SpaceX aims to regain momentum with new rocket launch

Space transport company SpaceX faces a crucial test Saturday with its latest rocket launch – the first since a rocket exploded in a ball of flame last September on a Florida launch pad. It was a costly setback for the company, and now, it’s trying to regain momentum, reports CBS news correspondent Ben Tracy.

The SpaceX Falcon 9 rocket is scheduled to blast off from the Vandenberg Air Force Base near Lompoc, California Saturday at 9:54 a.m. and 34 seconds. It’s loaded with satellites to deploy in space, but this is also about boosting confidence in SpaceX after a high-profile failure and some delays.

On September 1 during a prelaunch test on Cape Canaveral, Florida, a SpaceX Falcon 9 exploded on the launch pad, destroying the $62 million rocket and a nearly $200 million satellite.

Company founder Elon Musk called it the most difficult failure in SpaceX’s history. 

Gwynne Shotwell, president and chief operating officer of SpaceX, said a lot is at stake as the company rolls its new rocket to the launch pad in California.   

“This will be a tough flight for us coming back after our event on September 1,” Shotwell said. 

“Is there more pressure this time given what happened last time?” Tracy asked.

“I think there is but I have to be honest with you -- every launch is a nerve-racking, emotional, significant emotional event,” Shotwell said, in an interview only for “CBS This Morning.”

“How hard is it to do what you’re doing?” Tracy asked.

“I think it’s really hard. A million things have to go right in order to have a successful launch, literally, and only one thing has to go wrong to have a really particularly bad day,” Shotwell said.

SpaceX said it fixed the problem with the rocket’s helium tank that caused last year’s explosion.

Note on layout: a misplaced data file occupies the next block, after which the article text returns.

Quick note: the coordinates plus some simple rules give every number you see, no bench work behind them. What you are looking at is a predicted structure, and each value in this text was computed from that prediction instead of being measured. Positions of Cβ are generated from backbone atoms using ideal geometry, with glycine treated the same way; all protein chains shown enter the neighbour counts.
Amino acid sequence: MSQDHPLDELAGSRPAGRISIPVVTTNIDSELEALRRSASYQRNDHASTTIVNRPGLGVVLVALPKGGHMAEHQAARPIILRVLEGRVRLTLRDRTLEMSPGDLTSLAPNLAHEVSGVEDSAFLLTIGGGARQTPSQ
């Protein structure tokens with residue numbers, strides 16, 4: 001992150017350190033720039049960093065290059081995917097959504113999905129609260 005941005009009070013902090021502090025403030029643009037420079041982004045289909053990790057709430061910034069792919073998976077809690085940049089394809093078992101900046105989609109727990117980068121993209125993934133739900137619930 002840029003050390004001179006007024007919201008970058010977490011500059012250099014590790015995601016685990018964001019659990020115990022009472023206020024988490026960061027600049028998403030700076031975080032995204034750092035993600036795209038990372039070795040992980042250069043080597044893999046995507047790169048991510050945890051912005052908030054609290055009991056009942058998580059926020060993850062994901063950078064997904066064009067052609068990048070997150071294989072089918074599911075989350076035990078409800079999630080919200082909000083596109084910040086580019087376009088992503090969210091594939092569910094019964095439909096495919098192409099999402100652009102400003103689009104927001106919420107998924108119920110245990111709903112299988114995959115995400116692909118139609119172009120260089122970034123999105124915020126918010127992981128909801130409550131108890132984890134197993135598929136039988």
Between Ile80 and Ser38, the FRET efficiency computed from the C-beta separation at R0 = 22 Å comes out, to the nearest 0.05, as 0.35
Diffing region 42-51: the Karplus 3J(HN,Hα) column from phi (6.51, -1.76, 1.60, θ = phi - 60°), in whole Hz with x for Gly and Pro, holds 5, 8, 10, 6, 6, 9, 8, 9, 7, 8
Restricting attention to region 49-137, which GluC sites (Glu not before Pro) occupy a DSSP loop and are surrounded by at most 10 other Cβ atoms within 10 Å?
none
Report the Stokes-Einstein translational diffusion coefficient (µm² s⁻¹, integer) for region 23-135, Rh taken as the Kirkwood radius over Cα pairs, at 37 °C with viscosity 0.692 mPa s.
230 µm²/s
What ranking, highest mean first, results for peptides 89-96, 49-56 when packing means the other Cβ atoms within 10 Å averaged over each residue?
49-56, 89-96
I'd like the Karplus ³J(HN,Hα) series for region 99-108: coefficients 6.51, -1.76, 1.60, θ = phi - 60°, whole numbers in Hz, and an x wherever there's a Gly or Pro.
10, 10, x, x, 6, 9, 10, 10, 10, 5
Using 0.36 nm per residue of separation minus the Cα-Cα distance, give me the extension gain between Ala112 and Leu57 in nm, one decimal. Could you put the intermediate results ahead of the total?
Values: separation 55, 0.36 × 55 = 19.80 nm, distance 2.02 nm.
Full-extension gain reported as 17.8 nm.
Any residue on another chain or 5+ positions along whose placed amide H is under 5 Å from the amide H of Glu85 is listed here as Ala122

The company has now successfully launched 27 Falcon 9 rockets. Two of them have failed, and this new mission is difficult. The rocket will deploy 10 satellites for communications company Iridium, that will use them in part to help track cargo ships and airplanes anywhere on the planet, especially where standard radar cannot reach.  
 
“There’s $250 million of my satellites sitting on the top of that rocket. That ride into space is so critical for our service, but overall I’m pretty confident that this is going to go well,” said Iridium CEO Matt Desch. 

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 Confidence in SpaceX had been growing. Last year it vertically landed a rocket on a drone ship in the ocean. Recovering rockets means you can reuse them. 
 
“Why is the reuse of these rockets a game changer?” Tracy asked.

“We were founded to take people to other destinations and other planets,” Shotwell said. “If you’re not able to reuse hardware, it’s either a one-way trip, which is not great -- that’s not what we’re about...”

“Most people don’t want to go on that one,” Tracy said.

“That’s right, or you basically have to learn how to build rockets at your destination to fly back,” Shotwell said.

By that destination, Shotwell means Mars, and it’s SpaceX’s goal to put humans on the Red Planet in eight to 10 years.

As for this launch, the satellites on that rocket will replace ones that have been in space twice as long as they were supposed to, so it’s pretty important this launch is successful.